This should be combined with a renewed drive to unlock the full benefits from internal energy market integration and interconnection; an ambitious innovation and energy efficiency strategy to unlock the new technologies and huge savings possible; and a strengthened ETS to help drive cost-effective emission reductions and low carbon investments.

Energy and climate policy is often presented as a conflict between fundamentally contradictory competitiveness, security and environmental policy objectives. It’s a false conflict, not backed by analysis. Failure to address one will lead to inevitable failure of the others.

By setting out a smart, cost-efficient and ambitious 2030 package early, national leaders have a historic opportunity to harness the linkages between competitiveness, security and climate change, and meet Europe’s objectives in all three. They must seize it.


3 Responses to “Europe needs an ambitious climate, security and competitiveness package”

  1. Keith Lodge says:

    The technologies to capture, conserve and recycle ambient energy sustainably are all well known. They need to be harnessed to replace fossil fuel dependence and related harmful emissions at a rate to avoid fatal depletion of fuel and increase in GHG emissions. Investment and taxation systems should ensure that only a policy for sustainability is profitable. The economic costs of environmental and atmospheric destruction should be paid by those causing them. The scale of action necessary can only be delivered through mass application of alternative energy systems – with corresponding wealth creation opportunities – and the dismantling of redundant wasteful systems. The cost of ‘business as usual’ is economic and social collapse. Europe should lead the way to sustainable climate and economic security. .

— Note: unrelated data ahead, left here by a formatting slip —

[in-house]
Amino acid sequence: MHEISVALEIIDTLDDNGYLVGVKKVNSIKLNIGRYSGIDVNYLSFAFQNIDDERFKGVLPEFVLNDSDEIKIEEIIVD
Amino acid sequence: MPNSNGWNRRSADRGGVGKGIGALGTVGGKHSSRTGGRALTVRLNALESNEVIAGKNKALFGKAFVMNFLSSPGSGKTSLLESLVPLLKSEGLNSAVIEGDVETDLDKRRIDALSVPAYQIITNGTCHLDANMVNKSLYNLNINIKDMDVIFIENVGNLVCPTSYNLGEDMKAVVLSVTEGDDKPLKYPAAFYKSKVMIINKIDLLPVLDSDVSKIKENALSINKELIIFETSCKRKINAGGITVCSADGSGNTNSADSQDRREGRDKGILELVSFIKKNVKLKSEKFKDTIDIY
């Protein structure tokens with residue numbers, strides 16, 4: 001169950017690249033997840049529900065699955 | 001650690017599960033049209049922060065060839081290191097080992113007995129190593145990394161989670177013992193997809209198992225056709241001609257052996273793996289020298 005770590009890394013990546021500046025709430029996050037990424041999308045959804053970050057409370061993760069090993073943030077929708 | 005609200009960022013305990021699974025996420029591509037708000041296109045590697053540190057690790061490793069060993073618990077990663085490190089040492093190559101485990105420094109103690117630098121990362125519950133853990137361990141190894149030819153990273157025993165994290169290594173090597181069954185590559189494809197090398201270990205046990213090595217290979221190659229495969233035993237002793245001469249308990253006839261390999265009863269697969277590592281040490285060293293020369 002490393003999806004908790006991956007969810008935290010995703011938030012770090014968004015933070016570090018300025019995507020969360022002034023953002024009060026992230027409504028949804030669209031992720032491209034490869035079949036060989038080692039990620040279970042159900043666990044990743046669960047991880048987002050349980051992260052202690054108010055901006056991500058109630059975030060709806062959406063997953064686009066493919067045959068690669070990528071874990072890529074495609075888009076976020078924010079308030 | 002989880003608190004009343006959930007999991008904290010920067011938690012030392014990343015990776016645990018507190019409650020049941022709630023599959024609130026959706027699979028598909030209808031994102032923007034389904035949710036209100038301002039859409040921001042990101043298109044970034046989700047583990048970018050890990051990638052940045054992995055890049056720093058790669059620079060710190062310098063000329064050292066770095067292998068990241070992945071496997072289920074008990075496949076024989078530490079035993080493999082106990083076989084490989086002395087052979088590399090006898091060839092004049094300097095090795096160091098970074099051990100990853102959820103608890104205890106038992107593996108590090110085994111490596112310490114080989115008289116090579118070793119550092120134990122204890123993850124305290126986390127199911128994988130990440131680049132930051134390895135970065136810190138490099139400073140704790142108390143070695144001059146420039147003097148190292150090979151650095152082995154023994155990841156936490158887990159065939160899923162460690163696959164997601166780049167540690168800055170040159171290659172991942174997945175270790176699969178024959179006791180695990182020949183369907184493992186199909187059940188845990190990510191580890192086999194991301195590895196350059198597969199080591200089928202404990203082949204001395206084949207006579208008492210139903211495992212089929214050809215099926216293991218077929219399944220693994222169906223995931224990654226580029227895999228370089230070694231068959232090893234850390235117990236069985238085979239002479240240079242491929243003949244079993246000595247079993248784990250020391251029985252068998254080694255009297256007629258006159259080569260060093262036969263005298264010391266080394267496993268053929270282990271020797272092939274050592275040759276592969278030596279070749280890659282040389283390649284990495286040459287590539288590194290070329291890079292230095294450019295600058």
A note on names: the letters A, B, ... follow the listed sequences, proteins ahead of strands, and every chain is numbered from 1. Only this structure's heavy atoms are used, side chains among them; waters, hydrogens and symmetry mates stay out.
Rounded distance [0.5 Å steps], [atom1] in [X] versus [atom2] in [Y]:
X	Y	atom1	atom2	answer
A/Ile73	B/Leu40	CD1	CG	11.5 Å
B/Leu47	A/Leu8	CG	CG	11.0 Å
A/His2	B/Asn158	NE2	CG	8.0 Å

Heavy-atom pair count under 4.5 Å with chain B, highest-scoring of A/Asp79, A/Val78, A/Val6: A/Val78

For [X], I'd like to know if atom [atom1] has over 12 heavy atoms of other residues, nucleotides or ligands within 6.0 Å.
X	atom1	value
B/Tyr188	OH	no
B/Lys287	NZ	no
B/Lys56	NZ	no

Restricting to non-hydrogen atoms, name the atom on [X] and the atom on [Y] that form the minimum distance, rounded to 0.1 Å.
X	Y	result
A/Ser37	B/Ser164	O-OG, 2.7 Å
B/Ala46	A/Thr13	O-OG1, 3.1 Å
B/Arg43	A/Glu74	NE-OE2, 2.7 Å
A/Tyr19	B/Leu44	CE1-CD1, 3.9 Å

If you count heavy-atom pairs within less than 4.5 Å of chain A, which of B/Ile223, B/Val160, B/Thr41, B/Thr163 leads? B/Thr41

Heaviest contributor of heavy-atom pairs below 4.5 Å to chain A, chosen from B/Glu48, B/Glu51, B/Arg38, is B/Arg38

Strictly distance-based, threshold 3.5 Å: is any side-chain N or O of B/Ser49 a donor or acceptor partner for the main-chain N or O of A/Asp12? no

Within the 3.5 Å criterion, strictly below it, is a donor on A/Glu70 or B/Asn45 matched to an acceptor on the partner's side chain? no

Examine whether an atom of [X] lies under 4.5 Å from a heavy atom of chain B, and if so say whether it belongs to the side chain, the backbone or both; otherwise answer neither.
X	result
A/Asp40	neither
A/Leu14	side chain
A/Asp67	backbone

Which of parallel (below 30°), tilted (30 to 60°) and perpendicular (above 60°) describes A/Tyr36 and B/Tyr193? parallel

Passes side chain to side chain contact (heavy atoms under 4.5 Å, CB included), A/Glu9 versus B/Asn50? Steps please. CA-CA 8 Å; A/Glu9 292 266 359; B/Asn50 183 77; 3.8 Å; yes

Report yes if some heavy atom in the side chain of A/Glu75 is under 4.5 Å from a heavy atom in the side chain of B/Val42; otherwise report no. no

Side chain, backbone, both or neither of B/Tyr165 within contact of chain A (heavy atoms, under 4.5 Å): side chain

2. Roger Parker, Com' Energy Assessor says:

    Mr Davey,
    Perhaps it is an inevitability of high Office but Ministers seem to become detached or forget from where they have come. Policies, strategies, vested interest, international travel, etc.,etc., all seem to combine to shape the view of a Minister that the only way forward is to promote a relatively few in number of macro-energy-production projects. These privately-owned, capital-intensive projects, say, off-shore wind, nuclear, fracking, are then subsidised directly or indirectly by Gov’t; all to the benefit of their shareholders and senior executives. Earned income from the many, through taxation, going to the benefit of the few. And these macro long-term capital-intensive projects are predicated on a ‘guaranteed’ income flow from the sale of their energy to their populace customers.